‘It is no matter of Euclidian geometry to say that where x + y = z, and z = 13, being told what y equals one need not be Pythagoras to establish the value of x. But what happens when z is in the public domain, x is absolutely exempt information under FOIA (because it is caught by section 23(1)) and the public interest otherwise favours the disclosure of y, which is not the subject of an exemption? Inevitably, the effect of disclosure is that the absolutely exempt information is also revealed. The Interim Decision of the Upper Tribunal in Home Office v ICO & Cobain [2014] UKUT 306 (AAC) was that the Tribunal had to consider whether it was appropriate to utilise the section 50(4) FOIA power so as not to direct disclosure. The issue may be formulaic, but the answer is not.’

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Panopticon, 6th February 2015

Source: www.panopticonblog.com

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CPS to take no further action against journalist and public official over misconduct claims – The Guardian

‘The Crown Prosecution Service has announced it is to take no further action against an unnamed Sun journalist and a public official who were investigated over tips for stories.’

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The Guardian, 4th February 2014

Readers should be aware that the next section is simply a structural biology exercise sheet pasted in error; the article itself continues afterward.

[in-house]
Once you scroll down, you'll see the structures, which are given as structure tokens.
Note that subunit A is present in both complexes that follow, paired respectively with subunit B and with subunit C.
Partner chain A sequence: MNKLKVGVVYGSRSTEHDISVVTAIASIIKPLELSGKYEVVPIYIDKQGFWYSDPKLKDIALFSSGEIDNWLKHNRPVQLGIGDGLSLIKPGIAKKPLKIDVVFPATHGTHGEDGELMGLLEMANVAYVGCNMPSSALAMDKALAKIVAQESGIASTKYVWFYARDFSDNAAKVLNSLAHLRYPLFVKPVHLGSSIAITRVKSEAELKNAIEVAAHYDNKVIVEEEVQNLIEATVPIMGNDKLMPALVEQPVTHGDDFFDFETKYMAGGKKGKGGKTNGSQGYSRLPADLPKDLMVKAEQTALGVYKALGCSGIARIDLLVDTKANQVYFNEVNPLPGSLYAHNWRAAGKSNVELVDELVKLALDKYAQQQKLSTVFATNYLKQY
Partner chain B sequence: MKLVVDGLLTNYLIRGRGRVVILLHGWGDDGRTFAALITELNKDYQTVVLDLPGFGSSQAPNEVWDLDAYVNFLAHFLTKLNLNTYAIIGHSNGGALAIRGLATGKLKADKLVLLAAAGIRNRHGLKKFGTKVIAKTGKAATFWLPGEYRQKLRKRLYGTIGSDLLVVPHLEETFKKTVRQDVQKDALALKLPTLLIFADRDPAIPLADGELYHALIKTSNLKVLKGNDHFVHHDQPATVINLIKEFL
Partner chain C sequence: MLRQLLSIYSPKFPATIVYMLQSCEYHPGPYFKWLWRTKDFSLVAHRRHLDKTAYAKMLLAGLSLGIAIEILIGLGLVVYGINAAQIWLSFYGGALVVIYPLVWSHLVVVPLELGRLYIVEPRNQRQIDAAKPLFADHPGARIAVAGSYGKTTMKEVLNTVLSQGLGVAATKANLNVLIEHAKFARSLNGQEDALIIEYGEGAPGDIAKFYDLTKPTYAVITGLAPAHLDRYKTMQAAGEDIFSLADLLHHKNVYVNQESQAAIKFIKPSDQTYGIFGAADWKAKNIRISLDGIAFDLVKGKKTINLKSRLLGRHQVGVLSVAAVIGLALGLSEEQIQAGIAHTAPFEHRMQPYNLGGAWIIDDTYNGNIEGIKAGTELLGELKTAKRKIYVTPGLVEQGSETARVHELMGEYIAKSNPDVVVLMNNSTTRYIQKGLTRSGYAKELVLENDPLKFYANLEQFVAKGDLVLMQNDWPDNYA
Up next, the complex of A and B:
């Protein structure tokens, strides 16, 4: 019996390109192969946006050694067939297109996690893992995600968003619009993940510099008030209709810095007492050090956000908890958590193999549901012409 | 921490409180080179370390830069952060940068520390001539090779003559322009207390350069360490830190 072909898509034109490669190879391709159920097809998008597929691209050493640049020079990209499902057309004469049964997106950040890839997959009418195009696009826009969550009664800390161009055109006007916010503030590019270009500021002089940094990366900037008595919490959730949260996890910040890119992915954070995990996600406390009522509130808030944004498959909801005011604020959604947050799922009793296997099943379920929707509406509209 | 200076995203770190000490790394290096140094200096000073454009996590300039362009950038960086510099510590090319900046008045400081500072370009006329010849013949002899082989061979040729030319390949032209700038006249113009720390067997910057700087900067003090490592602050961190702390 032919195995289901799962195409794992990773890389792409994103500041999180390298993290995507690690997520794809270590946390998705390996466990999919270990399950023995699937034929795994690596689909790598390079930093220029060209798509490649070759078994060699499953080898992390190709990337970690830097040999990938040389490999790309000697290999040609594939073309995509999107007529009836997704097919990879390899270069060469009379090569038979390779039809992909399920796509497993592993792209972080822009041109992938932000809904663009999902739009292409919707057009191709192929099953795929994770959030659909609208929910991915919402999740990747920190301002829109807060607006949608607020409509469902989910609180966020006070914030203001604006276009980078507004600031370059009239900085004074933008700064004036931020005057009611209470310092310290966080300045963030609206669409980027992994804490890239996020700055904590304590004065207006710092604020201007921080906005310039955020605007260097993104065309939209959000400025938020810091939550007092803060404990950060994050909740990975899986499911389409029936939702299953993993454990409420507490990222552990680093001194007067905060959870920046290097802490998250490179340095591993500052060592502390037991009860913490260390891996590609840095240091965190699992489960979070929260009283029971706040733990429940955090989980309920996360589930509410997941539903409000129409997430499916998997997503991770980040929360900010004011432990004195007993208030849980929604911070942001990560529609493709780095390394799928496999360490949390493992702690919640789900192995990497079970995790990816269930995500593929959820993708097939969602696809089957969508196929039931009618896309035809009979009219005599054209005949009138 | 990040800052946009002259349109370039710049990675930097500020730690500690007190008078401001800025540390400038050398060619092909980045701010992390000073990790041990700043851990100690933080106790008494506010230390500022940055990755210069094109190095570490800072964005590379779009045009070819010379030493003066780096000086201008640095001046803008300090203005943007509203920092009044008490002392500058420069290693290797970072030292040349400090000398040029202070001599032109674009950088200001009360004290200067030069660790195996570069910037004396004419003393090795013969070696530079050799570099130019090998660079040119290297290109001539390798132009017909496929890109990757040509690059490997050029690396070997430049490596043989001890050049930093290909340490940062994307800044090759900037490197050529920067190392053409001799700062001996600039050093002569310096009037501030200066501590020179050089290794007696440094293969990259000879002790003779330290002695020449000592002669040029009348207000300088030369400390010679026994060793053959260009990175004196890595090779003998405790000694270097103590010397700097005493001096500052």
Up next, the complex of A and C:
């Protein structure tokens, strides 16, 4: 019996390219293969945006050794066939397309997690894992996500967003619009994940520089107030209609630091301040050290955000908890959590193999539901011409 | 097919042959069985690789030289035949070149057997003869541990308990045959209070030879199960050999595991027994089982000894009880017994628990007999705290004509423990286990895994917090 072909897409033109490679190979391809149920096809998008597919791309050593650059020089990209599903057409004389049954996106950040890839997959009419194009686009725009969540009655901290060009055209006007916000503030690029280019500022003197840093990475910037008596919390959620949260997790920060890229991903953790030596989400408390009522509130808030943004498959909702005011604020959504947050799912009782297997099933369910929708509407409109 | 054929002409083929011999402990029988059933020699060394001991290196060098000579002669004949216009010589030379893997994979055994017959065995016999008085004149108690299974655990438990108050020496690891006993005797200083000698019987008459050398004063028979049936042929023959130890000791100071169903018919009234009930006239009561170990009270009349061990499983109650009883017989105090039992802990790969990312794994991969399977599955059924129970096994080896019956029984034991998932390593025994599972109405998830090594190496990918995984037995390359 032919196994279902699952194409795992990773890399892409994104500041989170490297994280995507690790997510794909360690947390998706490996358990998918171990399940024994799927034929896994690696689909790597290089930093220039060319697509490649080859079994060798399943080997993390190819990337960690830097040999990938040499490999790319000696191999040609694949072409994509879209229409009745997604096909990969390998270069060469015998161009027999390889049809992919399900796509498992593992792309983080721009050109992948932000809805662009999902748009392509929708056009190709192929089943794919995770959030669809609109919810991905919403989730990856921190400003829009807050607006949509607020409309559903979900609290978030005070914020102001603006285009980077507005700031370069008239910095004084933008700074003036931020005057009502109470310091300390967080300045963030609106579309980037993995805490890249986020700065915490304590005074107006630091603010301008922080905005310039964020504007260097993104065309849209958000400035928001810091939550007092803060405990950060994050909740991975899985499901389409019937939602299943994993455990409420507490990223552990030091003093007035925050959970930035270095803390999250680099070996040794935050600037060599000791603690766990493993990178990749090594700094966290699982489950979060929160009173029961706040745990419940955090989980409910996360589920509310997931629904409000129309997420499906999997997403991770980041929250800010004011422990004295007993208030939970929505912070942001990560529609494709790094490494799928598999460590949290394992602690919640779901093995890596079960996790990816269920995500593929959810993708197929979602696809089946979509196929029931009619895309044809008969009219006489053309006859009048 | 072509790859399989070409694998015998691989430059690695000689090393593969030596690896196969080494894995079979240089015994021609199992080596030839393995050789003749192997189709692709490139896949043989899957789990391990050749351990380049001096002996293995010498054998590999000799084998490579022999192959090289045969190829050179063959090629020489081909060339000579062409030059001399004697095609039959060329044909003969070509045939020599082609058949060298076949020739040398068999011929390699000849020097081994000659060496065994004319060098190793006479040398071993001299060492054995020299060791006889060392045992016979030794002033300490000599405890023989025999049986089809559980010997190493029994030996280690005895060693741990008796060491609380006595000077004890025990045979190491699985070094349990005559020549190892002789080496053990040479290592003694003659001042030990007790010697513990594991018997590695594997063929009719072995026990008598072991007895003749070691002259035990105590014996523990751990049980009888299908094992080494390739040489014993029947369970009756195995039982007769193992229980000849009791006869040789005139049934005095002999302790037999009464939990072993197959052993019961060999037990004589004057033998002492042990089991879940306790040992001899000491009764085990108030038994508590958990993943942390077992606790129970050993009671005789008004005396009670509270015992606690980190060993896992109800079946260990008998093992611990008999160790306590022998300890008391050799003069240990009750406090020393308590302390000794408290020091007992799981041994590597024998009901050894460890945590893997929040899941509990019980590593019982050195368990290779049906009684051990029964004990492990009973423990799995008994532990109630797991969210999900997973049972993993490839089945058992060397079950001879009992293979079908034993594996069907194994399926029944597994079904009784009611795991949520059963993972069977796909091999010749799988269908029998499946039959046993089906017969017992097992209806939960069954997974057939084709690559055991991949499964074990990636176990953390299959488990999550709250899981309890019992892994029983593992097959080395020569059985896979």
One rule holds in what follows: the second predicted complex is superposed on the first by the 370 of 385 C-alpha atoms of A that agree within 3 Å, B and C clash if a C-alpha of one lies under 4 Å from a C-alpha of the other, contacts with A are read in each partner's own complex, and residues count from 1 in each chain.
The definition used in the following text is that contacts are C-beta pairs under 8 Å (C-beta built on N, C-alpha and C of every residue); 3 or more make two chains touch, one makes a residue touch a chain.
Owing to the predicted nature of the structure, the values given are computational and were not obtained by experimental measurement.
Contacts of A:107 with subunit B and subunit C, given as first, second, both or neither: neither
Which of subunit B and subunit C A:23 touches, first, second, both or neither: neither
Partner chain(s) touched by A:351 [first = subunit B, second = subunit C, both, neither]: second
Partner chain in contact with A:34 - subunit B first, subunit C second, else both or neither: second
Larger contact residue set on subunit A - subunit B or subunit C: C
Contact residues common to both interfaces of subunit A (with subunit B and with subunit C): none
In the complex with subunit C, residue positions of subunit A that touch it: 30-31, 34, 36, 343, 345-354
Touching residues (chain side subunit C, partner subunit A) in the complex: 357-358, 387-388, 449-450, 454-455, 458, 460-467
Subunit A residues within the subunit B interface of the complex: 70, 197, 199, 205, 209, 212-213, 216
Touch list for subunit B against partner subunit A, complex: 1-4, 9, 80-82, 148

Source: www.guardian.co.uk

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Theresa May wins rapist deportation appeal – BBC News

Posted February 5th, 2015 in appeals, deportation, immigration, news, public interest, rape, tribunals by sally

‘A ruling that prevented the deportation of a Somali man who raped a pregnant woman has been successfully challenged by the home secretary.’

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BBC News, 5th February 2015

Source: www.bbc.co.uk

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Analysis: Why can’t we sue the police for negligence? – BBC News

Posted January 29th, 2015 in appeals, human rights, immunity, negligence, news, police, public interest, Supreme Court by sally

‘You call the police in your moment of need and they don’t turn up until it’s too late.’

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BBC News, 28th January 2015

Source: www.bbc.co.uk

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English pubs deemed important to communities to be protected by law – The Guardian

Posted January 27th, 2015 in licensed premises, news, planning, public interest, regulations by sally

‘Pubs in England listed as important by communities will not be demolished or have their use changed without planning permission under proposed legislation.’

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The Guardian, 26th January 2015

Source: www.guardian.co.uk

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Chilcot report on Iraq war delayed until after general election – The Guardian

Posted January 21st, 2015 in delay, elections, inquiries, Iraq, news, public interest, reports, war by sally

‘The six-year-long British inquiry into the 2003 Iraq invasion and its aftermath will not be published before the general election, prompting an outcry from those demanding that the long overdue reckoning should be put before the voters.’